Whinnery Construction, a Colorado-based contractor, is employing Volvo excavators to ensure safe passageway for whitewater enthusiasts in the Animas River.
Durango, Colorado is nestled in the Animas River Valley, surrounded by the San Juan Mountains. The region’s evergreen forests and babbling creeks attract a steady flow of holidaymakers throughout the year. With tourism the leading driver of Durango’s economy, maintenance on local attractions, such as the Durango Whitewater Park, is necessary.
The Animas River runs through the bustling city of Durango and is one of the top whitewater stretches in the US, with flow rates ranging from 200- 6,000 cubic feet per second (cfs). The river is also recognised by Colorado wildlife officials as a Gold Medal Water.
Enhancements were made in 2014, however, the features created were powerful and difficult for the average river users to enjoy during periods of high flow. As a result, the Durango Whitewater Park is undergoing a $60,000 renovation to widen and lower the existing structures. These improvements will provide a more pronounced, easier passage for recreationists and improve the fish habitat.
Whinnery Construction was given the task of turning two of the four whitewater structures in the permanent whitewater park, including trimming the rocks that are firmly secured in concrete.
Established in 1990, Whinnery Construction started out as a construction company, focusing primarily on local utility work in Lake City, Colorado; later expanding to cater for a number of services which included river restoration. Stan Whinnery is the owner of the family-owned business. Although it may be small, living in Hinsdale County has numerous opportunities. “There are a lot of abandoned gold and silver mines, particularly in the San Juan region,” Whinnery explains. “I looked to my family’s mining and logging background to make a start in reclamation work.”
Over the last two decades, Whinnery Construction has performed river restoration projects across Colorado, Wyoming, Illinois, New Mexico and Texas – many completed in conjunction with local engineering firm S2O Design.
Scott Shipley, three-time Olympic kayaker and founder of S2O Design speaks fondly of the collaboration: “Whinnery excelled at projects that require precise cutting of natural rock to ensure each piece can withstand fluctuating water currents.”
Combining Whinnery Construction’s expertise in rock cutting with S2O Design’s knowledge of rock placement, the two have set sail to tame and restore the Animas River for the development of the Durango Whitewater Park project.
“River restoration is a seasonal business,” Whinnery explains. “The summer is the optimal time because the water is low, but it also happens to be the peak of whitewater rafting and kayaking expeditions. The Spring provides a very small window of opportunity for us; when the weather warms and the water starts to flow.”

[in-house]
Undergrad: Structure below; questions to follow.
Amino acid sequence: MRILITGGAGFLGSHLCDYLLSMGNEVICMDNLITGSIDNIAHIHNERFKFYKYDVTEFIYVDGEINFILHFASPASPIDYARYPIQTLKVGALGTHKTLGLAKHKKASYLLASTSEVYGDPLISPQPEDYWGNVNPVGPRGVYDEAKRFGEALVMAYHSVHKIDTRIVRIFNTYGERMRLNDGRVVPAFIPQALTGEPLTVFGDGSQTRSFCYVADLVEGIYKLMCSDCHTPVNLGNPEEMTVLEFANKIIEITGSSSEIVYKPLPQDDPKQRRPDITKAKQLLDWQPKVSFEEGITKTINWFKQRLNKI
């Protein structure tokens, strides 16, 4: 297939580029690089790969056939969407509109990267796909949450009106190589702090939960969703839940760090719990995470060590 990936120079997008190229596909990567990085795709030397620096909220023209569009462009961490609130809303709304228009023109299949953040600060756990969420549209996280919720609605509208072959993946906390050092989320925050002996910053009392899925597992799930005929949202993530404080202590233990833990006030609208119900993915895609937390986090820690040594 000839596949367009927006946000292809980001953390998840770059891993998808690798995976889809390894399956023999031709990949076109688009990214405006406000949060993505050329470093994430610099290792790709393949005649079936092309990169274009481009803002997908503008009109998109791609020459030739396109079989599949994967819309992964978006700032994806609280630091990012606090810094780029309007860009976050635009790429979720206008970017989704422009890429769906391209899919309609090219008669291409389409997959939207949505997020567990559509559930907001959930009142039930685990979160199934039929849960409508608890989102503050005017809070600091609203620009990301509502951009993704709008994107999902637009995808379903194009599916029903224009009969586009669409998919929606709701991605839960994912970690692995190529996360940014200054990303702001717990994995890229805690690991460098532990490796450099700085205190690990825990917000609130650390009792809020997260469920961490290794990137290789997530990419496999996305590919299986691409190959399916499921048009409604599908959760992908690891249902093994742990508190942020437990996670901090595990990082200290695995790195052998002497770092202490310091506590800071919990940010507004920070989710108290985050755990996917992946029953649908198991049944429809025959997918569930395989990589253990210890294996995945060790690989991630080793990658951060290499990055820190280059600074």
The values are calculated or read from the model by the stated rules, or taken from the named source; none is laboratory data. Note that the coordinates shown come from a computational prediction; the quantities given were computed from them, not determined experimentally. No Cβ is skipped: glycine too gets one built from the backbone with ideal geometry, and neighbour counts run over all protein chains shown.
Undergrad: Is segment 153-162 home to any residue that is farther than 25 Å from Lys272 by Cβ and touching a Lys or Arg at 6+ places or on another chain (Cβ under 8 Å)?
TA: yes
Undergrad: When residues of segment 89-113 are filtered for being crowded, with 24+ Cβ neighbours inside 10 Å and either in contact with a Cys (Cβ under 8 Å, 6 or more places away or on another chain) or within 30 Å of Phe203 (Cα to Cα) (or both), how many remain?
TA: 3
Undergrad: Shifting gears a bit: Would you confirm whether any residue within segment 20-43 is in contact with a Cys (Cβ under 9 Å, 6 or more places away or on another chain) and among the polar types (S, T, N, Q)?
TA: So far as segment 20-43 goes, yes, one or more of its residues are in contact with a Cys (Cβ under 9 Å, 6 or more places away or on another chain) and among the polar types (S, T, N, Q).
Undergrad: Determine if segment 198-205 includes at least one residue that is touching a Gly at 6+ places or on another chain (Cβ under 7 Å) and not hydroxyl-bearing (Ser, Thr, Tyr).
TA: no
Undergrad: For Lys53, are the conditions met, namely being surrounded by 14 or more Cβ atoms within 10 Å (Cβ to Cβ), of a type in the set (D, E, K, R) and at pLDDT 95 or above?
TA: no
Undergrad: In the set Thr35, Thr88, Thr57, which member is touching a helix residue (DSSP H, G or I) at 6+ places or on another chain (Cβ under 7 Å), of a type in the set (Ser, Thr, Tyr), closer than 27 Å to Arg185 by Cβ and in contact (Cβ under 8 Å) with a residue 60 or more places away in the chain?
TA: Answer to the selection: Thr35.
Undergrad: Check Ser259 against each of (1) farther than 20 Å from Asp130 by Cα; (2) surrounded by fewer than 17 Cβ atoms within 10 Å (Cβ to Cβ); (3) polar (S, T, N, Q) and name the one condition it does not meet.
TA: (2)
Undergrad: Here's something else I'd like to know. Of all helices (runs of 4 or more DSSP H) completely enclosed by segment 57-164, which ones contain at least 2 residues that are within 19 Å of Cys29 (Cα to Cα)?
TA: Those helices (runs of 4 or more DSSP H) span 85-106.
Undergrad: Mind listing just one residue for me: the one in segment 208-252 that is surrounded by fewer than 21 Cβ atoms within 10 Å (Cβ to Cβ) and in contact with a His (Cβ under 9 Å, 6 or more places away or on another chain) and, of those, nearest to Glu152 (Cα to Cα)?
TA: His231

“We needed to modify the previously placed rocks to change the character of the waves at high flow,” explains Nathan Werner, project engineer for S2O. “The existing rock structures in the park are concreted together, so there was no easy way to make even a minor adjustment.”
Because every piece of added or removed rock has an effect on the flow, Whinnery had to be innovative. “We couldn’t use a breaker attachment to crack and reset the rocks because the expansion grout creates small fractures within the rock that would shatter by the force of the breaker,” says Whinnery. The solution, as explained by Werner, was thanks to Stan Whinnery, who came up with the idea to use a rocksaw to score the rock, followed by a hydraulic hammer.
Turning to Volvo Construction Equipment to meet the demands of the job due to the productive and versatile machines. The equipment spans the size classes, including L250H wheel loaders, EC160, EC250 and the latest EC300E excavators, and A30C and A35G articulated haulers.
A MEND IN THE RIVER
The larger excavators are specified with the proportional two- pump flow, offering greater control for precise and fast operations.
“We use a thumb attachment to stack the rocks,” says Whinnery. “When you have a four tonne rock on the end of the boom, with a crew member making sure it’s sited correctly, you need a powerful, stable machine. Or, if you are using a rocksaw making a six millimetre (¼ in.) wide cut through one meter (36 in.) thick rock, the precision has to be perfect.”
Precision isn’t just down to the cut, but also involves the selection of rocks.
“On an average river restoration project, we will use three ft. diameter rocks, weighing around 2.5 tonnes,” says Whinnery. “When you are dealing with 12,000 individual rocks for a project, it becomes a logistical issue. We use Volvo articulated haulers to transport the rocks from the source sites to the job site. We try to stay in the 30 tonne truck range because they get around easier on softer ground but can haul the heavy loads.”
“Pound for pound, Volvo CE is one of the best brands of excavator manufacturers out there,” says Whinnery. “Much of the terrain we are on is demanding on an excavator. We have some unbelievably steep river banks, up to 72% grade, and the Volvo climbed right up.”
When whitewater enthusiasts paddle through the Durango Whitewater Park later this year, they will notice that the passageway is structurally sound, high-performing and aesthetically pleasing – not to mention safe for both water-sport enthusiasts and fish.